First Amendment’s Shield
In a brief statement to the court in the notice of appeal, Corn-Revere wrote that the appeal was necessary, because, “the First Amendment bars pre-conviction seizure of publishing proceeds.”
Indeed, a hearing on this issue was exactly what the defense had sought from Klausner, so as to raise the Constitutional issues in question, regarding the First Amendment’s guarantee of freedom of speech and the press, as well as the Fourth Amendment right against unreasonable search and seizure, and the Sixth Amendment right to have a lawyer of one’s choosing.
(That right to an attorney has been severely curtailed by the prosecution’s seizure of assets in a case involving more than 10 million documents and hundreds of terabytes of data, the review of which will be costly. Moreover, prosecutors made sure to seize special bank accounts set aside to pay some of the defense lawyers — making the release of the money tied up in California ever more imperative.)
Though the appeals court did not directly address the First Amendment questions in the case, it acknowledged those questions existed and should be addressed by Klausner.
On July 30, the appeals judges vacated Klausner’s stay, remanding the case back to his court, indicating that the appellants “were entitled to some review of their claims.”
Now that Klausner has issued a decision, albeit without the assistance of a hearing, the First Amendment issues seem teed up for appellate review. The most important of these should be of interest to anyone publishing anything on the internet.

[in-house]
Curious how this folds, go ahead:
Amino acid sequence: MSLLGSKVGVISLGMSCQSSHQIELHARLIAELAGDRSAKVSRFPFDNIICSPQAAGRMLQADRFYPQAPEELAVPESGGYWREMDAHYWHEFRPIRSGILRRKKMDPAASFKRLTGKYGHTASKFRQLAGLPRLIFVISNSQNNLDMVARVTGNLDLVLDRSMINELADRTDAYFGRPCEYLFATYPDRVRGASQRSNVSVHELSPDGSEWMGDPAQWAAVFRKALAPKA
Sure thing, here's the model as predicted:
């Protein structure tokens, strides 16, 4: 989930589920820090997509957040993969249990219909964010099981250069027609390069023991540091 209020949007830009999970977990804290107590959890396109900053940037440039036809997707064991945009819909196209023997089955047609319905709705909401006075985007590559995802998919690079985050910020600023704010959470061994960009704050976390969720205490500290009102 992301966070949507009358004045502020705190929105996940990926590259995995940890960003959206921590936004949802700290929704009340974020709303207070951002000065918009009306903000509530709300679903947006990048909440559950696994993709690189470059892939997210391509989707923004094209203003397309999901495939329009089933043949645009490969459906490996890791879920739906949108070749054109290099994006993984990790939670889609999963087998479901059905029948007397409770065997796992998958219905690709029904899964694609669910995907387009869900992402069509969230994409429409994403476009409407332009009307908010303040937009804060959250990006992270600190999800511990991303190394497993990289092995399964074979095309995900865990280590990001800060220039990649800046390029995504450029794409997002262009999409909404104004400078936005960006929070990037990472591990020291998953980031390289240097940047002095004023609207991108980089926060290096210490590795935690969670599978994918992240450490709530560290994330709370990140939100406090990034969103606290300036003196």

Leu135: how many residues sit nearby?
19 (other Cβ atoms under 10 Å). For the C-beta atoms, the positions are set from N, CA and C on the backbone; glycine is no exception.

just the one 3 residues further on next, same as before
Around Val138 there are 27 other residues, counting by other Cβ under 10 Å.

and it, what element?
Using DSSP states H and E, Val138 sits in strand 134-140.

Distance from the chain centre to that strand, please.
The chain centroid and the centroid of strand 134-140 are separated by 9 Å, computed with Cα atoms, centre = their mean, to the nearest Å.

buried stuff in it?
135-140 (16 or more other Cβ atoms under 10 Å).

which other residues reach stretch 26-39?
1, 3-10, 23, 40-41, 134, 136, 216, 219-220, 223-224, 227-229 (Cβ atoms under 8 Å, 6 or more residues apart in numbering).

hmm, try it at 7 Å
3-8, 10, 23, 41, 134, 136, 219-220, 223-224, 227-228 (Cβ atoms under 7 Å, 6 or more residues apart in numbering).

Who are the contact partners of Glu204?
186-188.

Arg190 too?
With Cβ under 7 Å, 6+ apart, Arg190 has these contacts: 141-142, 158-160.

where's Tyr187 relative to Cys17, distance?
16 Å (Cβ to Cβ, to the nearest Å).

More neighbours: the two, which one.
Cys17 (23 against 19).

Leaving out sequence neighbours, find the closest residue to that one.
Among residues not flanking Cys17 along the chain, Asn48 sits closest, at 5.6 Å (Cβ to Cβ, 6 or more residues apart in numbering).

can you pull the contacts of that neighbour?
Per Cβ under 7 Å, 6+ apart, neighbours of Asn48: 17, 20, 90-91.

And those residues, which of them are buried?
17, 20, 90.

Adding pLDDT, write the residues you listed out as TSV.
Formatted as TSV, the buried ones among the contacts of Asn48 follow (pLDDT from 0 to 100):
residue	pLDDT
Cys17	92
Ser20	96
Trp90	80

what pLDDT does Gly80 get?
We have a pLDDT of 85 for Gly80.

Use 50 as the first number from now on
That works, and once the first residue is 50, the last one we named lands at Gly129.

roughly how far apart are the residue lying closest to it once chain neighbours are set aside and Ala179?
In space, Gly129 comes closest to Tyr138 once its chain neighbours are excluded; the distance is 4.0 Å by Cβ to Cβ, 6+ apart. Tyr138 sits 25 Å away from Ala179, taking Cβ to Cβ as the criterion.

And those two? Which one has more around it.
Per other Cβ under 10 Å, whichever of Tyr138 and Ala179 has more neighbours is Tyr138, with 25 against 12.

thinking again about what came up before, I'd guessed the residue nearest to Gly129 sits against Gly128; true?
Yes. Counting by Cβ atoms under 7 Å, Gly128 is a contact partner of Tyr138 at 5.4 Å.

As Corn-Revere told the appeals panel in July, the case presents “a fundamental First Amendment question of whether or not the government can do an ex parte seizure of a publisher’s assets, simply by alleging that the publishing is illegal.”
Although certain categories of speech do not enjoy First Amendment protection, most do, and the government must meet strict guidelines to show that speech does not warrant the First Amendment’s shield.
And Corn-Revere noted to the appeals court that whether or not the speech involved in the Lacey and Larkin case was criminal and, thus, not 1A protected, was “the ultimate question of trial.”
He added that, “What [prosecutors are] doing is assuming their conclusion, then claiming that they can do the seizure.”
Is Zuckerberg Next?
And if the feds can do that to Backpage, they can do it to other media entities, such as Facebook or the New York Times. Facebook, for instance, has been lambasted for being “responsible for 90 percent of the reports” of child sexual abuse imagery, according to a recent Times piece.
Can you imagine Mark Zuckerberg being arrested and his assets seized? Let Lacey and Larkin be an example. Even if Zuckerberg cooperated with law enforcement (as Backpage did) and even if he’d sold his interests in FB as of two years ago, the feds could easily perp walk him, regardless of guilt.
The Ninth Circuit’s clerk of court has ordered an expedited briefing schedule for the new appeal, with the opening brief due by January 21, and the response due by mid-February.
In a separate but related matter, Lacey has challenged the government’s seizure of funds from three bank accounts, arguing that the government’s seizure was premised on an errant wire transfer made due to a clerical error.
Now Klausner has ordered the government to conduct limited discovery into the clerical error.
Though the employee involved signed an affidavit attesting to the mistake, and bank records back up the contention that there was an error, the government refuses to release the funds, forcing Lacey to seek a court order.
It’s all about the Benjamins for the feds. And they want every penny.